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Yemen Crisis Bares Rifts Among Muslim-majority Countries

Shi'ite Houthi rebels hold up their weapons at a rally against Saudi-led airstrikes against them, in Sana'a, Yemen, April 10, 2015.
Shi'ite Houthi rebels hold up their weapons at a rally against Saudi-led airstrikes against them, in Sana'a, Yemen, April 10, 2015.

The crisis in Yemen began as an internal battle between the Arabian Peninsula country's government and its disillusioned opponents. It looked like a repeat of civil uprisings in Egypt, Libya and Syria. But when reports surfaced that Iran is backing the Houthi rebels, the conflict started to transcend Yemen’s borders.

Now, it verges on a direct conflict between Saudi Arabia and Iran, the two heavyweights in the region - and in the whole Muslim world.

Sunni vs. Shi’ite?

Worried that this clash could engulf other countries with Muslim majority populations, Turkish President Recep Tayyip Erdogan said last week that the Islamic world is at risk of “disintegration” due to the conflicts in the region between the Sunni and Shi’ite strands of the Muslim faith.

Erdogan was referring to Shi’ite-majority Iran and Sunni-majority Saudi Arabia. Both countries allegedly back proxies to advance their agendas in different Muslim countries. In Yemen’s case, Shi’ite Houthi rebels brought down a Sunni ruler, Abd-Rabbu Mansour Hadi. Now, a Saudi-led coalition is conducting an air campaign against the Houthis.

While Iran has not officially said it supports any group in Yemen, it has opposed the intervention of the Saudis and other Middle Eastern states. But this month, U.S. Secretary of State John Kerry said there is evidence that Iran is supplying the Houthis with arms.

Although the largest Muslim populations are in Indonesia, India, Pakistan, Bangladesh and Afghanistan, analysts say the Middle East has an outsized influence in rest of the Muslim world.

“Iran supports Shia factions in Afghanistan and, sometimes, this support is very overt,” says Abdul Ghafoor Liwal of the Regional Studies Center in Afghanistan. “On the other hand, Saudi Arabia and other Sunni Arab countries do not hide their support to some of [the] Sunni organizations,” he told VOA.

Period of change

Some analysts, however, say the Yemen conflict has little to do with the differences between Sunni and Shi’ite Muslims.

“These people are not destroying and killing each other because of their sectarian identities. They are killing each other because of a power struggle in the region and geopolitical issues in the region which have contributed to the problem many decades prior to this,” said Abdullah Antepli, Islamic Studies professor at Duke University in the U.S. state of North Carolina.

Antepli said there is the idea that if discord between the Sunni and Shi’ite believers ended and the religious component of the conflict were resolved, the factions in Yemen would stop killing each other.

“This is absolutely not the case. “[The] media’s over- emphasis on the ethnic aspect of this conflict is grossly underestimating other contributing factors to this bloodshed,” he said.

The factors causing this upheaval in so many Middle Eastern nations, several analysts told VOA, are more complex.

The Muslim world is going through a difficult phase similar to one Europe went through before democracy and respect for rights took deep roots in European societies, said Sharmin Ahmed, co-founder of Minaret of Freedom, a U.S. organization working to educate Muslims and non-Muslims about each other.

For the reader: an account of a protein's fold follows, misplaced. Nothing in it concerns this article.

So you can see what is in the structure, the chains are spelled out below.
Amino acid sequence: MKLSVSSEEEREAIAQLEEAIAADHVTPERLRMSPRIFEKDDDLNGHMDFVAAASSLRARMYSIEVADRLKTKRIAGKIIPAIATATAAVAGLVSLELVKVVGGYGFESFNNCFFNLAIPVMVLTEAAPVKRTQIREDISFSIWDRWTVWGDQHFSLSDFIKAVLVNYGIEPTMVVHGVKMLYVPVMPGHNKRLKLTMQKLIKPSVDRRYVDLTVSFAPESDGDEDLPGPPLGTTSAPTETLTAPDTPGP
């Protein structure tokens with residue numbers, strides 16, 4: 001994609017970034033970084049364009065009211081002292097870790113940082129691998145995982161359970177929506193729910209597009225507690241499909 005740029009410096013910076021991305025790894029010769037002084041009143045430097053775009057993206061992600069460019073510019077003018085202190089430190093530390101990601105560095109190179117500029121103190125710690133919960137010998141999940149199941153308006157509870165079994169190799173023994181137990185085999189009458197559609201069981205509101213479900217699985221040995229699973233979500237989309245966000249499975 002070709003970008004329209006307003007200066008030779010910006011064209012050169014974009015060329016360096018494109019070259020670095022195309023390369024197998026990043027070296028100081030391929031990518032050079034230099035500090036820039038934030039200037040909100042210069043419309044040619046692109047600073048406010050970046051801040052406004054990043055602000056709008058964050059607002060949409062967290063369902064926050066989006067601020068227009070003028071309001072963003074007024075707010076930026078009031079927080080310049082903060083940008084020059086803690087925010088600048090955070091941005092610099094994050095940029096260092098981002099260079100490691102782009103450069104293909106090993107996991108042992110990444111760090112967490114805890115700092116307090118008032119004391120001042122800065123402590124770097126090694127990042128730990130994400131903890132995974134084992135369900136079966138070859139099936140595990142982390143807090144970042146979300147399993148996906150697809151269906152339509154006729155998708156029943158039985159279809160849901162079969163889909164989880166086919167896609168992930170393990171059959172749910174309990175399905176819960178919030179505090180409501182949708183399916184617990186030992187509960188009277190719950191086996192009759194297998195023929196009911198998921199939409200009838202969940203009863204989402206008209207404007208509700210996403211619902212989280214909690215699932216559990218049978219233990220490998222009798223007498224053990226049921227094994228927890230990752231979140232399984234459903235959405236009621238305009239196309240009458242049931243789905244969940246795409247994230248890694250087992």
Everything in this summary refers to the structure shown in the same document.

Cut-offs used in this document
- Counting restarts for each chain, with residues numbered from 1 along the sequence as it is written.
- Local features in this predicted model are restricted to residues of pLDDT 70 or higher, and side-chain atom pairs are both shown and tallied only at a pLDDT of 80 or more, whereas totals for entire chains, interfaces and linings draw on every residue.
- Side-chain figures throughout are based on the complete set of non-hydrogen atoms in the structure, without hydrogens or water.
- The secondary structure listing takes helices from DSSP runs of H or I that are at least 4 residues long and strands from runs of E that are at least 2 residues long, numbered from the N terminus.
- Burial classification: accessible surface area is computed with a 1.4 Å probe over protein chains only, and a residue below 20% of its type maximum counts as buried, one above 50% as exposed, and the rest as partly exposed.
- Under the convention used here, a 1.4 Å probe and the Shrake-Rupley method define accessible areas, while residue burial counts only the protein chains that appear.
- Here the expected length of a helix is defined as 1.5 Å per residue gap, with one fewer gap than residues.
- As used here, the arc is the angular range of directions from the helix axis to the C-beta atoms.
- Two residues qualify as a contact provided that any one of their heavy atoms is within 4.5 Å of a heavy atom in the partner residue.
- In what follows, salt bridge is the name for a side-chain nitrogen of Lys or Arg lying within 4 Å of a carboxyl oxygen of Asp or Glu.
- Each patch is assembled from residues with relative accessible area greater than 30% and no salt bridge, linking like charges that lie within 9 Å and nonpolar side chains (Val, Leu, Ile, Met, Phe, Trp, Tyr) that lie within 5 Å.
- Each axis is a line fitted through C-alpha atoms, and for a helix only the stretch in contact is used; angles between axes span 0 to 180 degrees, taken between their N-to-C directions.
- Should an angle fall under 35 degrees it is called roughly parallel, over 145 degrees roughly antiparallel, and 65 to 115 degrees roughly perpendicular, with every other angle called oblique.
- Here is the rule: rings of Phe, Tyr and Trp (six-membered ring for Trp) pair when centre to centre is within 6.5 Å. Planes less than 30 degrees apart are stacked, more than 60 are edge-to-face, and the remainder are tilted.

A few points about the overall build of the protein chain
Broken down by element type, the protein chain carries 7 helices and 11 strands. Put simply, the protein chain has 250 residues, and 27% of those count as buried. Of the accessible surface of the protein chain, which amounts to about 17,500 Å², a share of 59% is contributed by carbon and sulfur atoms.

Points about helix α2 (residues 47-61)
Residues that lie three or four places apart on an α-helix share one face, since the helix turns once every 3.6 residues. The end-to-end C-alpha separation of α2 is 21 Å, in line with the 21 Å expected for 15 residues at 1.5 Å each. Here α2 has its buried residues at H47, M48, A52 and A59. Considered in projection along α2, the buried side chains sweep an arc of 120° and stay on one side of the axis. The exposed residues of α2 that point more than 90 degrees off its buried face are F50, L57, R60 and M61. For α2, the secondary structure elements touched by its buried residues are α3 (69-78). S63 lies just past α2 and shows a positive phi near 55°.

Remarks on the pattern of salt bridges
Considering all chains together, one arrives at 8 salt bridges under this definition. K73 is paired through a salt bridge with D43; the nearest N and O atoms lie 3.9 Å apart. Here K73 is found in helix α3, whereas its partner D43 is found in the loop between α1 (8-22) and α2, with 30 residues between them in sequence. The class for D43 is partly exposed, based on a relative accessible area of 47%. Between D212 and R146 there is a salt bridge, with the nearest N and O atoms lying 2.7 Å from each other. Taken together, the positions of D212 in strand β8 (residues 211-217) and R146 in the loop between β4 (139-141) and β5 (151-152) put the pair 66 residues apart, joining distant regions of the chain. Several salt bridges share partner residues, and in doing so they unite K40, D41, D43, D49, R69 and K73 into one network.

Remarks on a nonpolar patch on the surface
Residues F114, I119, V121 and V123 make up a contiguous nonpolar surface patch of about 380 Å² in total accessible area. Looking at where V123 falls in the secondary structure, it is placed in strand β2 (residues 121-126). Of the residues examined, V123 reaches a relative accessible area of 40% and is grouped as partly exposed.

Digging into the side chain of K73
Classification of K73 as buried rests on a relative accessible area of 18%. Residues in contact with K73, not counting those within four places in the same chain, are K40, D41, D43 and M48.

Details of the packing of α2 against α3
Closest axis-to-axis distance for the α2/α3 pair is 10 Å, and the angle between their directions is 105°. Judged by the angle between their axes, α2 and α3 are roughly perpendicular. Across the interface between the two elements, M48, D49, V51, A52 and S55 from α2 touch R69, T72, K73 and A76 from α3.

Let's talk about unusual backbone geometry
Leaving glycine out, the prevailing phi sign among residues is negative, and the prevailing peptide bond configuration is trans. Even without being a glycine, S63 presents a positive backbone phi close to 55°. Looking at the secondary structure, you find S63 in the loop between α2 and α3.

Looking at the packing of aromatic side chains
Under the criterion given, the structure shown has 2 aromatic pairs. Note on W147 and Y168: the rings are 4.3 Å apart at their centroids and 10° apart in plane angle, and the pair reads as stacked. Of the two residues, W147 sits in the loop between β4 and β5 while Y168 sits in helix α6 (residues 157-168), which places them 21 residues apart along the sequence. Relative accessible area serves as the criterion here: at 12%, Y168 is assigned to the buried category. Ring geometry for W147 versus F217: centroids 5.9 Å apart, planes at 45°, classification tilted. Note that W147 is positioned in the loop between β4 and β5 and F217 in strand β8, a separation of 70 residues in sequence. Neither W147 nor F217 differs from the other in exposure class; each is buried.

“In order to transform the violent expression in the name of religion and ethnicity into harmony and peaceful coexistence, the Muslim world must go through an internal cleansing process of change,” Ahmed said.

No one Muslim world

Some regional and religious scholars challenge the very term “the Muslim world.”

“To me, there is no Muslim world. To assume that there is a monolithic, one-bloc reality called ‘Muslim world’ is very misleading. There are societies which have Muslim majority citizens, but to think that 1.7 billion people could be called one Muslim bloc is misleading,” Duke University’s Antepli said.

Fazil Gazanfaroglu, a member of the Azerbaijani parliament, echoes that view.

“The attitudes of Muslims differ between those of Malaysia and Bangladesh, or between those of Turkey, Azerbaijan and Yemen. Muslims do not have societies which share common principles. Therefore, one cannot discuss disintegration in the first place,” he said.

Some of the scholars, who spoke to VOA, said the ruling class in the Muslim majority countries often advances political and hegemonic agendas in the name of religion or protecting their sects.

Gazanfaroglu says the way to move forward is to become democratic and modern.

“In order to achieve that, the top priorities in these societies must be secular education, development of university mechanism and [a] high level of primary education,” he said.

Bringing social change

While there is no consensus on whether all Muslims should be looked at as belonging to one Muslim world or whether the Muslim world faces the danger of disintegration along sectarian lines because of the crisis in Yemen, many experts stress the need to bring social change to Muslim societies.

Ahmed at Minaret of Freedom said Muslim nations in general pay little attention to human rights and social justice.

“I hope and believe that the current unrest in the Muslim world would be able to usher in a new era of change," she said. "We need to go through the internal purging first. Then, toward embracing the human dignity, social justice and universal core values of love, respect and understanding of one another. And that is Islam.”

Journalists from VOA’s South Asia Division contributed to this report.